It was fun.  Surely my first Friday informal race in a long time, maybe close to a year.  I was busily trying to explain things to Stacy and coach her on things like keeping the jib sheet from snagging on the spinnaker halyard cleat.  “You have to float it across” I kept saying.  Stacy was struggling at these obscure mystical concepts.  I was pointing out how another boat was maneuvering to pass us on the downwind.  She was still stuck on what “downwind” was.

In the second race I managed to foul another boat.  The situation starts similar to that of case 11 in the World Sailing Case Book.  I was PW in this diagram.

c11

Case 11 discusses my right to hail for room pass S as an obstruction but I didn’t hail.  Racing involves lots of judgement, judging time and distance.  I was first thinking that PL and I would both be able to duck S.  I failed to properly judge that PL was able to sail high enough to just clear S’s stern and that there would be no room for me.  When I realized I was in trouble I decided to tack.  Unfortunately it was already too late.  I was tacking too close to S and he had to luff up to avoid me.

I had options for other things I could have done, if I had started earlier.  I could have hailed PL, I could have just slowed slightly to pass S after PL, or I could have tacked sooner to stay clear of S.

Anyway, that was enough racing fun for the day.  Stacy and I sailed away down to the Mass Ave bridge and back.  We heeled the boat for fun, to sit on the low side and put fingers in the water.  It turns out that’s work in a keel Merc on a green flag day.  I’m tired now.

Wind was light.  I was calling it light green flag, maybe “mint,” from the East and somewhat shifty, especially as it came over the trees from the Boston side.  It was my failure to pay attention to these wind shifts that set me back spectacularly in some of the racing.  The difference in wind speed recorded at the CBI dock and at the MIT dock is also telling.  With wind from the East, CBI was recording 0kts with gusts to 2 or 3, while MIT was recording 10mph with gusts to 15.  I think on the race course it was somewhere in between.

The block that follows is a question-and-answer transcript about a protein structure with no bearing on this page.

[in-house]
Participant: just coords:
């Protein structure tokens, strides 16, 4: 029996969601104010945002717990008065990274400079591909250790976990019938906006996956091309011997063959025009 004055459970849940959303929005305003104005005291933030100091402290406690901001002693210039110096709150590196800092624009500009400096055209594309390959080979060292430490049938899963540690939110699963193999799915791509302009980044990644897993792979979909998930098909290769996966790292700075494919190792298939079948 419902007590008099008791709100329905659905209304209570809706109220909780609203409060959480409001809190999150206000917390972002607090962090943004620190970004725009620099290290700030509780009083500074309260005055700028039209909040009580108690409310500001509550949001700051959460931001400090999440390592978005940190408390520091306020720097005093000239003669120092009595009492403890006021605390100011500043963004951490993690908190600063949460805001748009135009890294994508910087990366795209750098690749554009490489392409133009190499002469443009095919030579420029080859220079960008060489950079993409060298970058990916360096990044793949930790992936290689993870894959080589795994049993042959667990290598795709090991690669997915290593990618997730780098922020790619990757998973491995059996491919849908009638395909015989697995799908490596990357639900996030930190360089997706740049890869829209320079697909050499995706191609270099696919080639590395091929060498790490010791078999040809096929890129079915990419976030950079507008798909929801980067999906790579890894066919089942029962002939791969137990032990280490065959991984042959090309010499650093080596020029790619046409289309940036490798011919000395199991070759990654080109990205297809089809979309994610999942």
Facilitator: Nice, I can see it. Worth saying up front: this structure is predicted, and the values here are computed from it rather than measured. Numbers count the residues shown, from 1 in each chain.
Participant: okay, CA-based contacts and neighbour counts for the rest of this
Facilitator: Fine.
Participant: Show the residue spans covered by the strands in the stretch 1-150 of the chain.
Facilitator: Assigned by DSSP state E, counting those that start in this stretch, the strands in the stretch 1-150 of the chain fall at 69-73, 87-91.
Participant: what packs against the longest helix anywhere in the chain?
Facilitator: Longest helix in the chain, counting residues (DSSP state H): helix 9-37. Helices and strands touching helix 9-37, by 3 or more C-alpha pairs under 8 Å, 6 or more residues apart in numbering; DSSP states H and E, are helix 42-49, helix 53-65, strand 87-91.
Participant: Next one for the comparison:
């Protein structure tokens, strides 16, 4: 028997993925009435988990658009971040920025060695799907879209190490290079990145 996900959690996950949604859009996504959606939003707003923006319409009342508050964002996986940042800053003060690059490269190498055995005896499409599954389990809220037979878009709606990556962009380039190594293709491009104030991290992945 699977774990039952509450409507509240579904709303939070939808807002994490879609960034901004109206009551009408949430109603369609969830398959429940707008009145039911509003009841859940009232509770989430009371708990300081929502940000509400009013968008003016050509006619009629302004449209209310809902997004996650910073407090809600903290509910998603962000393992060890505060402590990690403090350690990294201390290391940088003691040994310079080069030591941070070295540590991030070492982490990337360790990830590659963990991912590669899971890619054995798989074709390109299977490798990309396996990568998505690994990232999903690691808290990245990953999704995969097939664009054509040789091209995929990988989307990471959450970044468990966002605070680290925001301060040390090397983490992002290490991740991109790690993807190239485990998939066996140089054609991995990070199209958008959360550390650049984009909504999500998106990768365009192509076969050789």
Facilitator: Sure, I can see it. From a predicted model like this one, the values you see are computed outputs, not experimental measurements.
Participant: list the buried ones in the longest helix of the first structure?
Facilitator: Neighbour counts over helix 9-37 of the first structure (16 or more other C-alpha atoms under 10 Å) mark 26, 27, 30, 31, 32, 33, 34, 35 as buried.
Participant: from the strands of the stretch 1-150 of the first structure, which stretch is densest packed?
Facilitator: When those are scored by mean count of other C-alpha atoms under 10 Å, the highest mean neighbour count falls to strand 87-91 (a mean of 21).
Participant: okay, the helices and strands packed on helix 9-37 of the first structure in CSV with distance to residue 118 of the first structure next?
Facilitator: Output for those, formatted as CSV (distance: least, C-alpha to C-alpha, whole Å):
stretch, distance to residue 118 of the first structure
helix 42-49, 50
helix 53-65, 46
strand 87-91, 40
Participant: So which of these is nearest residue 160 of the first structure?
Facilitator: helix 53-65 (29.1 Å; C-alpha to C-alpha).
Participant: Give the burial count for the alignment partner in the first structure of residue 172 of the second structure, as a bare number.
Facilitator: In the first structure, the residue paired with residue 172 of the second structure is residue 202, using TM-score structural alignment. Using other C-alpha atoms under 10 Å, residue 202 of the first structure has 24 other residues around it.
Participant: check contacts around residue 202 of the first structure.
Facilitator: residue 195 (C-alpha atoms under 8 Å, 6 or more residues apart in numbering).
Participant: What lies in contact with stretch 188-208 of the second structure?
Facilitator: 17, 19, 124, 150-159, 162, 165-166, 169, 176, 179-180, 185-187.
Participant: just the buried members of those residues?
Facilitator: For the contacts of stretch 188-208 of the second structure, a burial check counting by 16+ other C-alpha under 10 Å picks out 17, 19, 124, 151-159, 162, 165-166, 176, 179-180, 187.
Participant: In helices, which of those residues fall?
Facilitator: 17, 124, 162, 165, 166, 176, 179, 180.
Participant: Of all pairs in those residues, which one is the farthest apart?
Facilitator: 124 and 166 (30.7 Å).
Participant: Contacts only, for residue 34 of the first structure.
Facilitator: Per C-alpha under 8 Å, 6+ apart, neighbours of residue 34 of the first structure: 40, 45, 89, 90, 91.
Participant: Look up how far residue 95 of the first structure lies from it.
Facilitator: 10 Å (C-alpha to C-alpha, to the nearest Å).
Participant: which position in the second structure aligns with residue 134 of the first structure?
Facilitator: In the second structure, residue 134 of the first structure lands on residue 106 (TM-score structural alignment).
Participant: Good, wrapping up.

Toot

Again I picked today for sailing because the forecast was for gentle winds and again it turned out to be red flag.  Nicely though, the winds were fairly steady.  WSW 10kts gusting to 15 most of the time, with a few gusts up to 20.  It was a pretty gentle red flag, as red flags go.

Stacy was with me again today.  I had prepared her that there might be people looking for informal instruction.  In fact we hadn’t even cleared the front desk when I hear the call from the dockhouse for anyone to give informal instruction.  It was a perfectly beautiful day.  All the Sonars were out.  I suggested we take a Rhodes because it would hold more people.  After a little bit of coordination we got three members to sail with us.

The most important lesson of the day was keeping a lookout.  We were practicing a jibe when there was a loud TOOT beside us.  It was one of the Charles Riverboat cruises and we were about to cross in front of it.  I grabbed the helm and steered us parallel until the boat passed.  Terrible.  None of had seen the boat, including me.  Now, the Charles riverboats are a little different because they go relatively fast, but still, no excuse.

Guest on a 420

Saturday, Fourth of July weekend, winds were forecast to be gentler in the morning before getting gusty in the afternoon.  I was talking about sailing and my roommate Stacy wanted to come with.  We did make it before noon, 10:30 ish, and the dock was relatively calm, with a couple of the usual classes going on.  We took out an Ideal.  Stacy liked that there was no centerboard trunk and that there was enough wind to heel the boat.  She liked sitting on the low side so she could put her hands in the water.  I obliged, sailing with the rail near the water as much as possible.  Traffic on the water picked up as the day went on.  All the usual duck boats and Charles river cruises, more than usual recreational power boats, a couple of police boats for the fireworks barges, CBI sailboats, kayaks, and more and more kayaks.  It got interesting at times threading the Ideal through the traffic.  After a while I suggested we were done for the day but then Stacy asked about the 420s.  She had heard me talk about them.  She wanted to know what they were like.  We took the Ideal in.  We drank some water.